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I have done everything in my power to frequently test all the major drum programs in various ways over the years and the Abbey kits always win out in the end for me....though I quite like the craviotto kick and the supraphonic snare in the 4 mic set up of this new EZ CLASSIC and Im sure to give em a go. BFD NEVER wins out for me so I just refuse to bother anymore....and though the ADDICTIVE kits sound sorta cool - they remind me too much of a drum machine so I barely touch would be in XLN's interest to bring something new out to match the competition....for some reason the TOONTRACK EVIL drum kits just dont seem to work for my music and Ive always been disappointed in that....but all other TOONTRACK shit is for me its Toontrack (music city, allaire, avatar, C&V, and metal)and Abbey kits!!!

I route the Abbey channels seperately and work on each component with EQ in particular in Studio one then bounce each one down individually (to later work upon in Samplitude).
They sound great once you throw an eq onto the direct mic and scour for annoying frequencies so dont be put off if you have given something a quick listen and opted not to use it...dont forget, these people have used the best drums, the best mics, the best pre-amps and mixers, etc...the rest is up to us to shape things (just like the 'pros' do!!). I am extremely particular (to a fault??) and the Abbey stuff wins for me 9 times out of ten.

Drums are interesting cause more than anything else - for the most part - we all probably spend more time on them than anything else trying to get the right sound - the right feel - the right liveliness (or deadness) etc....I can work on them all day long and my daughter wonders how I can do it - but she isnt hearing all the little tweaks Im all sounds the same to her!!!
And, sadly, it may well be that the general punter couldnt give a shit in the end I find it enjoyable for some odd reason.

Oh and one last thing...I MUCH prefer kits to be unprocessed and fx free....its much better to ONLY have the recorded samples so I can then fuck with them in MY OWN WAY.
I have two final words for never forget them....


peace to all........


  Resident 16.09.2010 1416
The Abbey road drums take too long to load, or I would use them, I predominantly use The Superior Avatar set.
  Resident 21.11.2010 34
It would be nice to know which Abbey Road Drums you use. The 60's, 70's, 80's, or Modern? All of the above?
  guest -- 0
Do you have an audio demo on soundcloud or somewhere else? I'm curious...
Personnaly I used Superior's avatar kit on this one...
any advise?
  Resident 14.11.2008 7 91
boing peng boom cha..... is history repating itsself? Is Life just an endless repitition?
Do you want to invent the wheel again?

How many thousands number one chart breaker were produced with sounds and drum samples no one would use today....but they did and it worked, every one here has to decide which way to go....cutting edge ultry crisp and clean 196 khz with 32 bit and 7.1 surround or maybe better some stereo have the choice.
  Resident 26.05.2010 3 325
@ lee1970

You forgot to mention what kind of music you make, would be interesting to know in this context.
I second the request for a sound-sample smile

  Resident 15.11.2009 26
bfd for me always wins... i use to load a single piece, record
and than mix all the resulting waves together... nothing
is more realistic than bfd for me..
  guest -- 0
Due to my background in producing hip-hop and urban music i tend to use samplers such as NI Battery and Poise however, i do come across times where i want to use a realistic kits for my productions and once upon a time i use to use the Toontrack EZ Drummer which i was always satisfied with but due the lack of editing you can do i wasn't too happy but then i came across XLN Audio's Addictive Drummer which i absolutely love due to the fact that it has build in filters/eq's/effects that i can use to make the kit sound completely different. The drum tracks sound realistic as well and it doesn't take too long to load on Dual Core processors.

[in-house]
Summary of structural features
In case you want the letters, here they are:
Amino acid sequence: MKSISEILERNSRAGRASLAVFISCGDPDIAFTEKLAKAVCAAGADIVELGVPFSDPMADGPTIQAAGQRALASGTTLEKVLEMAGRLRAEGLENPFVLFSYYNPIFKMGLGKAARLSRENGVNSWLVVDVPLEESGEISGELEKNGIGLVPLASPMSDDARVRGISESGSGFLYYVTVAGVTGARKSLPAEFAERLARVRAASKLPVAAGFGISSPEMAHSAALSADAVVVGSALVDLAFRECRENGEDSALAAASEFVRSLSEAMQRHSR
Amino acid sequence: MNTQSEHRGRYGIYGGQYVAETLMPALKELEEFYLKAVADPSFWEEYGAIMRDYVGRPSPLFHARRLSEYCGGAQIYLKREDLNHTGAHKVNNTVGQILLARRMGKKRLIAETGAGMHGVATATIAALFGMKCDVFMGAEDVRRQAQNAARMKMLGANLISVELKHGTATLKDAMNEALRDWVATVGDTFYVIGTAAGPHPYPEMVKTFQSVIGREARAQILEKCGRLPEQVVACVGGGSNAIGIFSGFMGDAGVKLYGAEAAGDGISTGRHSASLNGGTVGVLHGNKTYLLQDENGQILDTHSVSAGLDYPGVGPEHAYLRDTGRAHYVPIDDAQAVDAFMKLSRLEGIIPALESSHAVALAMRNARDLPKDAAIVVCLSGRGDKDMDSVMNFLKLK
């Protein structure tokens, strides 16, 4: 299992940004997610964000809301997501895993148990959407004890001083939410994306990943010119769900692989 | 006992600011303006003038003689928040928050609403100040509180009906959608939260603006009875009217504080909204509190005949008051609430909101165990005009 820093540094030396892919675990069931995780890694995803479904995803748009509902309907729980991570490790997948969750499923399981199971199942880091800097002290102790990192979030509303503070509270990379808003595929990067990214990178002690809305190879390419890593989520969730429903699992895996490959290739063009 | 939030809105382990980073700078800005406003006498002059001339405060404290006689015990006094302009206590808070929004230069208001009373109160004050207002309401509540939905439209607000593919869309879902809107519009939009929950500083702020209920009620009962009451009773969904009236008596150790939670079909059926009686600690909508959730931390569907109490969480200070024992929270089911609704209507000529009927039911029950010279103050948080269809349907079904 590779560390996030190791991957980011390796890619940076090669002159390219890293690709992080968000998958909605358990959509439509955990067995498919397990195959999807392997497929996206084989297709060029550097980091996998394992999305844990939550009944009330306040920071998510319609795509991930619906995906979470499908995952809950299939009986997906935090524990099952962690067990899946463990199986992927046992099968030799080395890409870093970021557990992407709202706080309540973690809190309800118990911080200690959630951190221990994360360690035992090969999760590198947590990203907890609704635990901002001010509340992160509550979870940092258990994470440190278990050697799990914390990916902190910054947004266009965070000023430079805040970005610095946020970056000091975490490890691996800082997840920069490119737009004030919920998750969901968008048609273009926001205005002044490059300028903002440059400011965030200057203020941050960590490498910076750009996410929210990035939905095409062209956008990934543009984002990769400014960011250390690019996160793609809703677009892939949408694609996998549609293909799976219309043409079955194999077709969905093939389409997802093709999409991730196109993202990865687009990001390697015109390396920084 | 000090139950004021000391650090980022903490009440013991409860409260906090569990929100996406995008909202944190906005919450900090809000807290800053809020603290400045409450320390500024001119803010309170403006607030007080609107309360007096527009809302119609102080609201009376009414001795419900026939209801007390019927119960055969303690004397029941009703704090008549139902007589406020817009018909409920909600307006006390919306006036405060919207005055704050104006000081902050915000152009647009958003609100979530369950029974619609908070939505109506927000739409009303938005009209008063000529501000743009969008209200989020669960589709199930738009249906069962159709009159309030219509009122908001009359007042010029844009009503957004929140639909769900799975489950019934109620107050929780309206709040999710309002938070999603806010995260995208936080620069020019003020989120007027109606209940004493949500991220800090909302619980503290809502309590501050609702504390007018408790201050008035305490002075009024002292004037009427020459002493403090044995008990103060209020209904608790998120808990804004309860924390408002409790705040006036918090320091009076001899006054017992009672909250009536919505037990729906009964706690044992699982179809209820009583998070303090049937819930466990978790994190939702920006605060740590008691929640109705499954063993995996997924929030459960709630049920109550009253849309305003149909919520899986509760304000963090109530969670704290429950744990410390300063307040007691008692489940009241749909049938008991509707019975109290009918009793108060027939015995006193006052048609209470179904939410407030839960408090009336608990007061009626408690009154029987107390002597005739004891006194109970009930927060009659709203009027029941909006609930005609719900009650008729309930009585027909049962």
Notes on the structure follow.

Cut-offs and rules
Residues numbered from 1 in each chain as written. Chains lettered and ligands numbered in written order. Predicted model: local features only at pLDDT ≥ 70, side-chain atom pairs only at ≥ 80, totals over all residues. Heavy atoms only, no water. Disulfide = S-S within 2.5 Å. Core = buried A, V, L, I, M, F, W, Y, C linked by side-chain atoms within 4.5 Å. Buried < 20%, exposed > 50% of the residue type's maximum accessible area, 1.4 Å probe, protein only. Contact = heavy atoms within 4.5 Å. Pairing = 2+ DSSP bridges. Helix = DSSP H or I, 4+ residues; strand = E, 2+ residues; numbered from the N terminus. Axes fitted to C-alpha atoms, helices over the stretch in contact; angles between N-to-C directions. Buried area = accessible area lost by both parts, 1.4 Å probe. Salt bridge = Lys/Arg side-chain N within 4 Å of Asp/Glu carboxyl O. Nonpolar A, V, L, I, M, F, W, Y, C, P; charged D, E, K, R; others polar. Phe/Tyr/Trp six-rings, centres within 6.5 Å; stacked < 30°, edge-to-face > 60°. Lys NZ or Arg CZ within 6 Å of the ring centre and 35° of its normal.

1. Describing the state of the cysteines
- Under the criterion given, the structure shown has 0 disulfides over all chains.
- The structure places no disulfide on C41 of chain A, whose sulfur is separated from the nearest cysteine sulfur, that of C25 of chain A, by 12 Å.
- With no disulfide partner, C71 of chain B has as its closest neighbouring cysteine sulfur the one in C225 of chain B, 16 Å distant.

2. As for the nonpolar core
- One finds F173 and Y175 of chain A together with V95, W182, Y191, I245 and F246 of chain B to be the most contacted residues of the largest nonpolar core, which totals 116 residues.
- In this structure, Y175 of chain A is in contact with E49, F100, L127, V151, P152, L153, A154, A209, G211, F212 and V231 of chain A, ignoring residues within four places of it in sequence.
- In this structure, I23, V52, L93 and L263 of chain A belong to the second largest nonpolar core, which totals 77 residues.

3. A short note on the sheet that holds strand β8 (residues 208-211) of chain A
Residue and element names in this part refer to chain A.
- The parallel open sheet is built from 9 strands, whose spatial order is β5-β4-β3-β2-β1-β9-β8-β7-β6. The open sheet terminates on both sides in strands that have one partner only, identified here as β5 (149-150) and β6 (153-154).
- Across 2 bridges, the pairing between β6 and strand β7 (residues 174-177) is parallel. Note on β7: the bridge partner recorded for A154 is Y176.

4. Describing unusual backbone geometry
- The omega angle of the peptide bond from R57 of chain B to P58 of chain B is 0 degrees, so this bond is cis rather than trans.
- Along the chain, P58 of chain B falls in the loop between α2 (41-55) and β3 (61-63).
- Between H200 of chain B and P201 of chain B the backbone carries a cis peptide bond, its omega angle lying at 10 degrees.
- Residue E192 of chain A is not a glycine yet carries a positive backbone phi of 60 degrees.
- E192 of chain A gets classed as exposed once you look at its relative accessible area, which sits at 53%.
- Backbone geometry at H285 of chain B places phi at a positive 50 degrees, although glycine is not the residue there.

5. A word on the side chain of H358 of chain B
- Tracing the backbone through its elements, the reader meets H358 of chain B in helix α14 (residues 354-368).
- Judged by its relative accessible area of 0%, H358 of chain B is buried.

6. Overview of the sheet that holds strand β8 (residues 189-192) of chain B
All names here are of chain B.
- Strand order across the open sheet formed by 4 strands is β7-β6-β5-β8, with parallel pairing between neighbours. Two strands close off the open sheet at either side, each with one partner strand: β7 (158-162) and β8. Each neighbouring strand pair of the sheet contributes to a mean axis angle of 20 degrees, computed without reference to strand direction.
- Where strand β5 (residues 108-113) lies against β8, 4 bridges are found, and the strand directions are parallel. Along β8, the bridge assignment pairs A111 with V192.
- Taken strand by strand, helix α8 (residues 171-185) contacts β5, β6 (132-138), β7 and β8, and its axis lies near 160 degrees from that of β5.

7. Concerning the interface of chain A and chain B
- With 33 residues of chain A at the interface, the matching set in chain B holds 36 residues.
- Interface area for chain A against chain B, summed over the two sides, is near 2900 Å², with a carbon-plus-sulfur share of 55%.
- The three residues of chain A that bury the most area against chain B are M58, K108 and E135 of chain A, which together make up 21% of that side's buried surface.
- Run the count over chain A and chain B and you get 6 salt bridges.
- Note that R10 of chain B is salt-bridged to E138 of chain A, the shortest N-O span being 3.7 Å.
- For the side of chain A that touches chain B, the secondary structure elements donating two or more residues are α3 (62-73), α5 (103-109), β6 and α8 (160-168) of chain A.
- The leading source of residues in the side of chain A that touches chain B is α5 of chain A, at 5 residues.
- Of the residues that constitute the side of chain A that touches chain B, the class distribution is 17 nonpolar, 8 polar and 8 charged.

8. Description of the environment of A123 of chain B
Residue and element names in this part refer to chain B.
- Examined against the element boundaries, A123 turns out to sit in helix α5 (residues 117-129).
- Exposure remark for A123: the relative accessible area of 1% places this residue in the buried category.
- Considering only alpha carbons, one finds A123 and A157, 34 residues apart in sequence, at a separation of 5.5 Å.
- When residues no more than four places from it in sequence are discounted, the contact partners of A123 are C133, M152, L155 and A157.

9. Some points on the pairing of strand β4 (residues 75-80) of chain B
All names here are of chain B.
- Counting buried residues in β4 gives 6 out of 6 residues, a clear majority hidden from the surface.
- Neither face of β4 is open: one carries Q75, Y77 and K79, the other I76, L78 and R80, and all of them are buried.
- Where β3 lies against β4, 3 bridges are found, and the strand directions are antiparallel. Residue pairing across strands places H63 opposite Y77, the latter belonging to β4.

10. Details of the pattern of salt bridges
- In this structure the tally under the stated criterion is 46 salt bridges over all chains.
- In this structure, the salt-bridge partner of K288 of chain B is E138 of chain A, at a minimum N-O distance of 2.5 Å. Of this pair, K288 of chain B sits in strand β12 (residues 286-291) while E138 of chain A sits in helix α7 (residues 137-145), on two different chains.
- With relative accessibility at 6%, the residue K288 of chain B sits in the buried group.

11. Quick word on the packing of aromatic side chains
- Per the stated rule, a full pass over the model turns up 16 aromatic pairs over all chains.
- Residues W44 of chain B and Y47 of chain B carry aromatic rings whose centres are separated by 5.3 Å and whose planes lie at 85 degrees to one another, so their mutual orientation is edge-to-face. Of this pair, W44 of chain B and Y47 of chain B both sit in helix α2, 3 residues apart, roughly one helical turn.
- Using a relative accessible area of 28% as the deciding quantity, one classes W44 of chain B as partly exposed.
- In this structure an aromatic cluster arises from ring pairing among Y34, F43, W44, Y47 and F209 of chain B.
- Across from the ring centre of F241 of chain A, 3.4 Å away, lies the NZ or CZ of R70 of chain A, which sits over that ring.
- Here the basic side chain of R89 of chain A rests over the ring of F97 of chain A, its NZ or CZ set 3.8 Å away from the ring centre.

I haven't tried BFD due to its size but im perfectly happy with Addictive drummer.

When inspiration strikes i can't really afford to wait for a drum kit to load, i want something instant and the same goes for my synthesizers. Does anyone else share this feeling?

  Resident 5.03.2009 13 89
I record my own drum set and sample it as well. It's much funner playing to a song you've made than just using samples! Beats it by a long shot! yes lol
  Resident 11.01.2011 133
BFD2-Pros: Kit choices, mixer, excellent ambience sound, presets, simple to buss individually out to host sequencer, loads fast. Expansion are great.
Cons: Interface could be a little simpler

Addictive Drums:-Pros: Probably the most user-friendly on the market. Drag a drop preset midi pattern into host. Sync to tempo feature is simple. Kit choices. Loads faster than BFD. cpu friendly. bussing out to host is very simple.
Cons: Expansions could be better

Abbey Roads Drums (60, 70, 80, Modern) Pros: Awesome sound, simple interface, abbey road room sound
Cons: loading time. not as much kit choices, very very difficult to buss out separately to host, not sure if its possible. l
  Resident 17.10.2008 540
same here for me, bro

Toontrack SU2.0 (or EZDR) + all their shit, or nothing.

i really couldn't get along with bfd2... its.. well "something" isnt there .. and addictive is just a joke.
  Supplier 30.08.2010 552
ToonTrack products all the way for me and The N.i. drums from time to time. And for those of you complaining about N.i.'s drums taking to long to load then I suggest you take the time out to learn your software. Kontakt has been revised to reduce loading times all you have to do is batch re-save.It's called background loading.
Get a job
  guest -- 0
BATCH RE-SAVE.....Thanks Mykal.... was wondering `bout that... so drum sampler goes like this... addictive = abit synthetic but nice... Superior Drummer 2.0 = title says it all ( realistic drums ) ... BFD = big lag behind SD2.0... NI Abbey = superior realistic sound, but limited options... compared to.... uguessed it... SD2.0...